Willson Contreras Will Decline Cubs’ QO, Departure Basically Assured
Any hope you may have had of Willson Contreras remaining in Chicago may have gone out the window Tuesday afternoon. Jed Hoyer had already said the Cubs would be extending a qualifying offer to their catcher and there was an inkling that he might accept it given how the associated penalties for declining the offer could affect what was already looking like more of a lukewarm market than first anticipated.
As Jon Heyman tweeted, however, Contreras will decline the $19.65 million guarantee in search of a bigger payday with another organization. Players who receive a QO have until November 20 to decline it, but it doesn’t sound as though Contreras is willing to leave that safety net in place as he gauges the market. Nor should he, as he’ll still be able to secure a multi-year deal that will lock in a significant salary.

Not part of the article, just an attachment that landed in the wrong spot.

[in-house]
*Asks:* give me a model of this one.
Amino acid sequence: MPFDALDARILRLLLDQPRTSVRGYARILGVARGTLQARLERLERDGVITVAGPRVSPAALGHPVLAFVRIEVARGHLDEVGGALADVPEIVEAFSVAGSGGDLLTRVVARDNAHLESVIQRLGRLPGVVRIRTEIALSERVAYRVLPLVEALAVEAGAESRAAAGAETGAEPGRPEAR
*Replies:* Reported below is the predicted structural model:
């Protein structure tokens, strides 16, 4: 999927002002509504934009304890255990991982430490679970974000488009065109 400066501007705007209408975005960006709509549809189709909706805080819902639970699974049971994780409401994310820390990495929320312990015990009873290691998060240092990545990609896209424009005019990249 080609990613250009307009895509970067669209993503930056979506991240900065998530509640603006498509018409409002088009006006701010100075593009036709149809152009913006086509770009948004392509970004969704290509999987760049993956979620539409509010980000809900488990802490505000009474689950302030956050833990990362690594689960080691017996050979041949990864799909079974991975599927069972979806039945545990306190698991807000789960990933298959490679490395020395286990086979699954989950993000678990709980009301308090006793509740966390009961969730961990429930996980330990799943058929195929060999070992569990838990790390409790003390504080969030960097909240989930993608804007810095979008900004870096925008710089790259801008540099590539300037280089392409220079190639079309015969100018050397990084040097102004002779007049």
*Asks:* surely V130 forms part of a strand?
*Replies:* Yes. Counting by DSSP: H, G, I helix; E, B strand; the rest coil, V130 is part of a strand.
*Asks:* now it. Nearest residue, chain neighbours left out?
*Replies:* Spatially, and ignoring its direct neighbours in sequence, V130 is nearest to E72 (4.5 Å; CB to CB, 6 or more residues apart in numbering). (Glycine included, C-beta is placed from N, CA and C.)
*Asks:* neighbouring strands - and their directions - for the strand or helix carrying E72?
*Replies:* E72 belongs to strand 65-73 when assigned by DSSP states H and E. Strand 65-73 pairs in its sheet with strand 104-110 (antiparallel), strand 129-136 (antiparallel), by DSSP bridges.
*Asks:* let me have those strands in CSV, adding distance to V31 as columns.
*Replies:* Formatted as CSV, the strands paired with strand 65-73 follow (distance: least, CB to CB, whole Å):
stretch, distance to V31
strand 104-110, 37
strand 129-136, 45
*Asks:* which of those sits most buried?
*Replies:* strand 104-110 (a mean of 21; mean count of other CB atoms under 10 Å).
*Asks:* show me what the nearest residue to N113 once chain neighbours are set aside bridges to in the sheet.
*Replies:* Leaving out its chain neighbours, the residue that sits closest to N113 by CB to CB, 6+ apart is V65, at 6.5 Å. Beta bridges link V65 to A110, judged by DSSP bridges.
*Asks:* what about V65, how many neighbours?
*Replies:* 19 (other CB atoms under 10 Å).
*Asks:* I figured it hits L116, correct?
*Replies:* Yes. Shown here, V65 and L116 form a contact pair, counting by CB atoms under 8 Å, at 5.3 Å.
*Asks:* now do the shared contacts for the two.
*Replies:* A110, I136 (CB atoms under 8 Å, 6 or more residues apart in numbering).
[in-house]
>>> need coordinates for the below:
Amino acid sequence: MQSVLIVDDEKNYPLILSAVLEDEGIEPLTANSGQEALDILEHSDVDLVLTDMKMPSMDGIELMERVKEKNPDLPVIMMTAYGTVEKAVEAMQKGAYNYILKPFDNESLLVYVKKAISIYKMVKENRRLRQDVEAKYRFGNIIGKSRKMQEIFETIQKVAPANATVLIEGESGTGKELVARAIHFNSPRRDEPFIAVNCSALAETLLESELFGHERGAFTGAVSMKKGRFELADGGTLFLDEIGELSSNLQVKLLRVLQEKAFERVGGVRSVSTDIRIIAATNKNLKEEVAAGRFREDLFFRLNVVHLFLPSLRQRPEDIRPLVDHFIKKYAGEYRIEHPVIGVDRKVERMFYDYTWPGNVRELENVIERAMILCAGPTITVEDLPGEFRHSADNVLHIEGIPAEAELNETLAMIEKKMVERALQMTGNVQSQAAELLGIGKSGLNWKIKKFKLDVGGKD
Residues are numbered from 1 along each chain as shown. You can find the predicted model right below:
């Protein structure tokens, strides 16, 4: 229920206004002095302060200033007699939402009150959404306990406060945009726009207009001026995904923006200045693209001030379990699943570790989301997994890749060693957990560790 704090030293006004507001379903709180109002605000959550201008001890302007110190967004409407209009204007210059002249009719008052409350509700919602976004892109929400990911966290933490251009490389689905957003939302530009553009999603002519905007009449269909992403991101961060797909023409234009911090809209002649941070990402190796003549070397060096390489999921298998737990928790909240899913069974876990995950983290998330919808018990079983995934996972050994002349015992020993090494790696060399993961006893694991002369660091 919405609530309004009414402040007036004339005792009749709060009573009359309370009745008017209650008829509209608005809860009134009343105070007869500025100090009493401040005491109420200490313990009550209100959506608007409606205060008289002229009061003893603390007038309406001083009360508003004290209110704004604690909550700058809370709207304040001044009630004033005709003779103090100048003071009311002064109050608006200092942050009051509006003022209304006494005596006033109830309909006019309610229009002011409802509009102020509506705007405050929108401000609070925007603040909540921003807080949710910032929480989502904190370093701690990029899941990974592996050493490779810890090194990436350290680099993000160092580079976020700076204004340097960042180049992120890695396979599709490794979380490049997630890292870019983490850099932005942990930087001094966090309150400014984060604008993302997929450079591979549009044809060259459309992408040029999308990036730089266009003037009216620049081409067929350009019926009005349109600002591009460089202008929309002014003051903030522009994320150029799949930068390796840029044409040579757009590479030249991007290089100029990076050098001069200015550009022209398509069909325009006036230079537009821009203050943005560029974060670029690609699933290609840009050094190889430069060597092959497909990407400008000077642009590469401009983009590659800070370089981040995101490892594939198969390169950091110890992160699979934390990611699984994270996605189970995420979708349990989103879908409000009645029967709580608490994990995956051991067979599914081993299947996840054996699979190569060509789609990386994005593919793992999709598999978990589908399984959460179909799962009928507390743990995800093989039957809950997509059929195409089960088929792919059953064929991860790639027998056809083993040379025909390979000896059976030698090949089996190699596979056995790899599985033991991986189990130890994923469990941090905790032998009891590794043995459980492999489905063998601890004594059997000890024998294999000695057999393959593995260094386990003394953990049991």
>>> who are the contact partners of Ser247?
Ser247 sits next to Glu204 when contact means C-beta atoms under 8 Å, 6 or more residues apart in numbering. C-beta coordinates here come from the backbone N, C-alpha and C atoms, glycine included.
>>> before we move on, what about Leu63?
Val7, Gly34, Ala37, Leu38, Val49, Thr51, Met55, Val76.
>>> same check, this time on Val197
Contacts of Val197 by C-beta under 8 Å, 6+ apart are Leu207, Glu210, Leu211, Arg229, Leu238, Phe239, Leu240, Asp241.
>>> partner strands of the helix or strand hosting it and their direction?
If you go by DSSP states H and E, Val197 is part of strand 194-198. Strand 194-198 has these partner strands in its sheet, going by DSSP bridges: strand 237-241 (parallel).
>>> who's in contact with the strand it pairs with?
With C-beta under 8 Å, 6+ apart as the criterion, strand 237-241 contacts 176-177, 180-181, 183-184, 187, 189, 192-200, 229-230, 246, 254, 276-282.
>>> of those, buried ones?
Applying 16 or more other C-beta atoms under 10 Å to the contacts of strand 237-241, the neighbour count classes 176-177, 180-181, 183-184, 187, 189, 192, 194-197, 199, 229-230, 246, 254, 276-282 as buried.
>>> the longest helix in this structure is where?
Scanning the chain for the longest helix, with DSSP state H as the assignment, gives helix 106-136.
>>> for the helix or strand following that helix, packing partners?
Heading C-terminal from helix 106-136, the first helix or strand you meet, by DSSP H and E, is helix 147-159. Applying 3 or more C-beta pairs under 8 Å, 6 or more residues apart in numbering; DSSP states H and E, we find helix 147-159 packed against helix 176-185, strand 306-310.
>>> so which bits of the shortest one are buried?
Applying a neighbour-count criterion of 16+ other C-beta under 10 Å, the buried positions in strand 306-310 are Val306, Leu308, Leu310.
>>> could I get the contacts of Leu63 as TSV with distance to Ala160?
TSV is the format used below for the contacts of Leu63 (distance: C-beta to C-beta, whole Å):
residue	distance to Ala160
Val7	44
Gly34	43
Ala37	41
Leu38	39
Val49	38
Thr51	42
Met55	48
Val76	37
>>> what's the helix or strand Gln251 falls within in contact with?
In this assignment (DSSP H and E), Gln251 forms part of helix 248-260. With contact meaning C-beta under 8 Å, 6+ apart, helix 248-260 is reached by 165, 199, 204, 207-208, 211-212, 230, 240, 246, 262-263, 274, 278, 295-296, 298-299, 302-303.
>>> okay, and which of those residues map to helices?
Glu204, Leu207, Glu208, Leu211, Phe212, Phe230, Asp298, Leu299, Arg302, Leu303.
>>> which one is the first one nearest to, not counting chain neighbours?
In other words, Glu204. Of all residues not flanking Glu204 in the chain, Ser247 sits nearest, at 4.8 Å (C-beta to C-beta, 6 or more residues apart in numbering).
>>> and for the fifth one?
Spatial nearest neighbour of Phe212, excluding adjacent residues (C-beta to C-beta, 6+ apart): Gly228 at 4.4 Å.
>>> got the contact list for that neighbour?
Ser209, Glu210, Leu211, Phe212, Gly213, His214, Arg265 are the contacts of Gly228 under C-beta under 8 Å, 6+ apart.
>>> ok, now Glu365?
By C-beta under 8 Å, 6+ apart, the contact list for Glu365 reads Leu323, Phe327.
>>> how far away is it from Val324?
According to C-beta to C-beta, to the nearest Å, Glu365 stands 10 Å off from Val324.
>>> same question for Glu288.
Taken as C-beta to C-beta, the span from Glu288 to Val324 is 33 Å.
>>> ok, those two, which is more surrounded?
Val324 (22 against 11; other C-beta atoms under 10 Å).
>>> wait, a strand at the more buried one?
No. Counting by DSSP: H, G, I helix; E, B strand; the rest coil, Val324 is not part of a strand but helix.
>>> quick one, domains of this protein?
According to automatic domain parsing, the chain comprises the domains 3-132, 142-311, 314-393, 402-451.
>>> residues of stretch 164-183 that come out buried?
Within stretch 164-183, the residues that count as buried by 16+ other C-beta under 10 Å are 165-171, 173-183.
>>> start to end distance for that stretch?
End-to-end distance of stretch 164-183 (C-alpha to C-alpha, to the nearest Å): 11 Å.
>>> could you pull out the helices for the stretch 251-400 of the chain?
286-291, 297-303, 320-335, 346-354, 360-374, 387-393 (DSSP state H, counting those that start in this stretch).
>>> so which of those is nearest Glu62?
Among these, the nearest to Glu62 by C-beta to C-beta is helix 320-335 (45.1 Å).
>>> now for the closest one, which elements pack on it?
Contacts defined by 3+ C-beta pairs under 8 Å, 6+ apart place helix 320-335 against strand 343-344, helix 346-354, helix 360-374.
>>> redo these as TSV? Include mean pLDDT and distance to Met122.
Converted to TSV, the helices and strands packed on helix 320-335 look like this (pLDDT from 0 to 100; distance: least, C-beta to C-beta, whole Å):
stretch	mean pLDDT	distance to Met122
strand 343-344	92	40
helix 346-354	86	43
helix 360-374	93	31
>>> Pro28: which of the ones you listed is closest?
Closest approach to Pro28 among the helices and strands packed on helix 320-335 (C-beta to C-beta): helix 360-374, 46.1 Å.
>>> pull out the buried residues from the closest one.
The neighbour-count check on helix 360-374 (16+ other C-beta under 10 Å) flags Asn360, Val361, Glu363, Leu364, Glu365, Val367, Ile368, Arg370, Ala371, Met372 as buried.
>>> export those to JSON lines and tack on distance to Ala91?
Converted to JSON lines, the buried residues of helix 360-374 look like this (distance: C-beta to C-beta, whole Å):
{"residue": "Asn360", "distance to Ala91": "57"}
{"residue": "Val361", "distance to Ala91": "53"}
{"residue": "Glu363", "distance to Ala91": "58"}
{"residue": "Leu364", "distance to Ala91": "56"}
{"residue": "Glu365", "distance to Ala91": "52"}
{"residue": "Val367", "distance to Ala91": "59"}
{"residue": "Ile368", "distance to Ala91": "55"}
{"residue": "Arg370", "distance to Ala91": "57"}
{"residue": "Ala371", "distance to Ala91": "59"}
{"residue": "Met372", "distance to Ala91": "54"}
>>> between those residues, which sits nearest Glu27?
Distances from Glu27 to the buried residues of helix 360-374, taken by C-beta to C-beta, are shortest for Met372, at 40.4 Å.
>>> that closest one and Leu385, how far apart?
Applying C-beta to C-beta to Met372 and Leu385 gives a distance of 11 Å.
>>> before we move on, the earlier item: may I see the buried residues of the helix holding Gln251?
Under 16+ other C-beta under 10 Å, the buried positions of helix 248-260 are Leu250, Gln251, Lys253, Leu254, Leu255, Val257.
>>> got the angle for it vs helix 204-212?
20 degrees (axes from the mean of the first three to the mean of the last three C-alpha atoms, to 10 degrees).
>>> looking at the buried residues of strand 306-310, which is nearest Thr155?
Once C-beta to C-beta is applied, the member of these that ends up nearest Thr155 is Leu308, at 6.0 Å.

Cubs are extending the $19.65M qualifying offer to Willson Contreras, and he is declining it, making him a free agent. Very good two-way catcher should do extremely well on the open market.
— Jon Heyman (@JonHeyman) November 8, 2022
This isn’t a surprise to Cubs management, which was already planning to move in a different direction and will now look for a game-manager type via free agency or trade. Christian Vázquez and Tucker Barnhart are among the available backstops who fit the mold of what the Cubs are probably looking for, then there’s the report that Toronto is expected to trade from a catching surplus that includes Danny Jansen, Alejandro Kirk, and Gabriel Moreno.
Whatever they end up doing, it’ll be a significant downgrade offensively from Contreras and that’s something Jed Hoyer is going to need to address with other moves. Some of that will come from within as Matt Mervis and other big prospects come up, but it’ll take a lot more thunder in other areas to build an offense that can blow people out.
Letting Contreras go for a supplemental draft pick in the 75-80 range makes the front office’s job that much more difficult, especially when they almost landed a starting pitcher for him at the deadline. Alas, it does no good to look at what might have been. If the Cubs are serious about competing, and they are because they have to be, they’re going to have to be active early this winter.